Through the trees around the Whirlpool Trails was a gathering of people of all ages holding woven baskets and sheer paper bags huddled around a man as he examined the underside of a mushroom.
This foray is the first meeting of the Oxford Mushroom Club. Monday was its first day, and around 20 people showed up to hike in the woods about 0.1 miles off the trailhead at Whirlpool Trails. The people looked carefully among composting leaves and fallen tree branches and found large golden-orange mushrooms to miniscule red capped mushrooms, stopping every so often to gather for a lesson on a particular mushroom. Dr. Jason Hoeksema and graduate student Mariah Meachum led them through the crowd.
Taylor Brame, senior general studies major at the University of Mississippi, saw the ad for the club in the Local Voice. He said, “I wanted to learn more about the local fungi. It looked like something fun to do this summer.”
During the 30 minute forage, he spotted small red mushrooms no bigger than a child’s pinky, bumpy white fungi hidden among tree roots and bright orange mushrooms with wrinkled caps. He gathered a good bit, but not as many as the toddler Natalie Getz.
She and her mother, Angie Getz, found so many mushrooms their wax bag was nearly to the brim. Angie saw the ad for the club also but in the Facebook group for Whirlpool Trails since she runs there regularly. She was drawn to the ad because it was yet another gathering hobby for her rambunctious daughter.
Angie said, “This is my first time in the (Oxonian) woods actually. Natalie picked quite a few mushrooms. We have a wildflower collection where we press the flowers Natalie picked.”
Mariah Meachum, a University of Mississippi graduate student, said, “The Oxford Mushroom Club is just in the beginning phases and is being started to increase appreciation for fungi in north Mississippi and to provide a community for mushroom enthusiasts.”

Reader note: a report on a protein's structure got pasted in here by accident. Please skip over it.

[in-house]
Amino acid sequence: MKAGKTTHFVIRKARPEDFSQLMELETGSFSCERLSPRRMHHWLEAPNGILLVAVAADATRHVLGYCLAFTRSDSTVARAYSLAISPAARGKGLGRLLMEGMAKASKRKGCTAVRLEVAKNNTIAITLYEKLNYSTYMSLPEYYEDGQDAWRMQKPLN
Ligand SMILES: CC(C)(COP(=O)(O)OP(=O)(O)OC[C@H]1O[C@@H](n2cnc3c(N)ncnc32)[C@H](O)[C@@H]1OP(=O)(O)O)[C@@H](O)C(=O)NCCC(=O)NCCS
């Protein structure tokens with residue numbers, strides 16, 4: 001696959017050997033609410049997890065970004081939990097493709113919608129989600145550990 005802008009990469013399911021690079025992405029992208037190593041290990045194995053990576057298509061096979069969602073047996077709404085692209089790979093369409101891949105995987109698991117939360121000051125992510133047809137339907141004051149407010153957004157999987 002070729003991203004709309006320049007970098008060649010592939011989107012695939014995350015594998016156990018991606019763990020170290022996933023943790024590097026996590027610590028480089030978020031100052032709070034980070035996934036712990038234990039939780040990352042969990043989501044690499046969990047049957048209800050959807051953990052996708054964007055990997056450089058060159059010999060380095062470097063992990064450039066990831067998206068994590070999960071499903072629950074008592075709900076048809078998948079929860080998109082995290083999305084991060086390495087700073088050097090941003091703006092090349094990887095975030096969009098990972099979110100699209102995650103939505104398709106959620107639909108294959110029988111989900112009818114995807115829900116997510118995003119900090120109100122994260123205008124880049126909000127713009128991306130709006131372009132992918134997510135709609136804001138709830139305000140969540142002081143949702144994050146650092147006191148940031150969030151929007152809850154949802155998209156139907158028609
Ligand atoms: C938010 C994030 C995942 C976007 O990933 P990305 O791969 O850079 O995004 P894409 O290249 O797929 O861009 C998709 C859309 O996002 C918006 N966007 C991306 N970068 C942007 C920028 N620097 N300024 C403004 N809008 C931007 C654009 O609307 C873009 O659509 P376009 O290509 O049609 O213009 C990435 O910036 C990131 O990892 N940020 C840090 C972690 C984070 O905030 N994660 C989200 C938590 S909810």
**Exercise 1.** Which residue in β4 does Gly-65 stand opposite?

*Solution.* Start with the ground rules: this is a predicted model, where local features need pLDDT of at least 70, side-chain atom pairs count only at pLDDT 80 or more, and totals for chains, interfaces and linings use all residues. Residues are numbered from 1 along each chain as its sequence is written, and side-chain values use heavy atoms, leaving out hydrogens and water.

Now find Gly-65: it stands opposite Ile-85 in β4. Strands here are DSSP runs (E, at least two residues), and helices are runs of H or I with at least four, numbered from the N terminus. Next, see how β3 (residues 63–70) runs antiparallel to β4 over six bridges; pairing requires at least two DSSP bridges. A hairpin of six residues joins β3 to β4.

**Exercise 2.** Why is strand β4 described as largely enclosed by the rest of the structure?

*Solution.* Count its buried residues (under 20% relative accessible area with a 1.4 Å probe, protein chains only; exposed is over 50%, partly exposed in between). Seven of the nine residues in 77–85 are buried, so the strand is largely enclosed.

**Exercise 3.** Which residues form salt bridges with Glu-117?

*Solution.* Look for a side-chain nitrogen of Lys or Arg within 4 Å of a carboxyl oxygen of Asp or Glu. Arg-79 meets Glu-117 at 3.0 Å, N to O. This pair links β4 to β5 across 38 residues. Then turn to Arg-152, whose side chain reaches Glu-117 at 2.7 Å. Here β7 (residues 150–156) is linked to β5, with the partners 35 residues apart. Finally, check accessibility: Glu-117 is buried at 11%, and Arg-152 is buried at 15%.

Dr. Jason Hoeksema, an associate professor of biology at University of Mississippi, led this foray. Here is a video of him explaining a group of mushrooms among the collection gathered by the Mushroom Club.
He taught the members identifying features of the mushrooms, especially which is and isn’t edible. He held up a burnt orange mushroom with a thin flat cap, a Candy Cap, and said, “You can bake these into cupcakes and the house will smell great.” He paused and said, “But please don’t go home and pick wild mushrooms and eat them right away.” He said this because with an inexperienced eye the Candy Cap can be confused with poisonous Galernia.
For the rest of 2015 the Oxford Mushroom Club members will meet to learn more about the abundance of fungi in the city’s woods. Meachum said, “This year I plan to have several more forays and potentially a class on some aspect of mushrooms, maybe on precise identification of mushrooms or their ecological roles in forests.”
Callie Daniels is a staff writer and reporter for HottyToddy.com. She can be reached at email@example.com.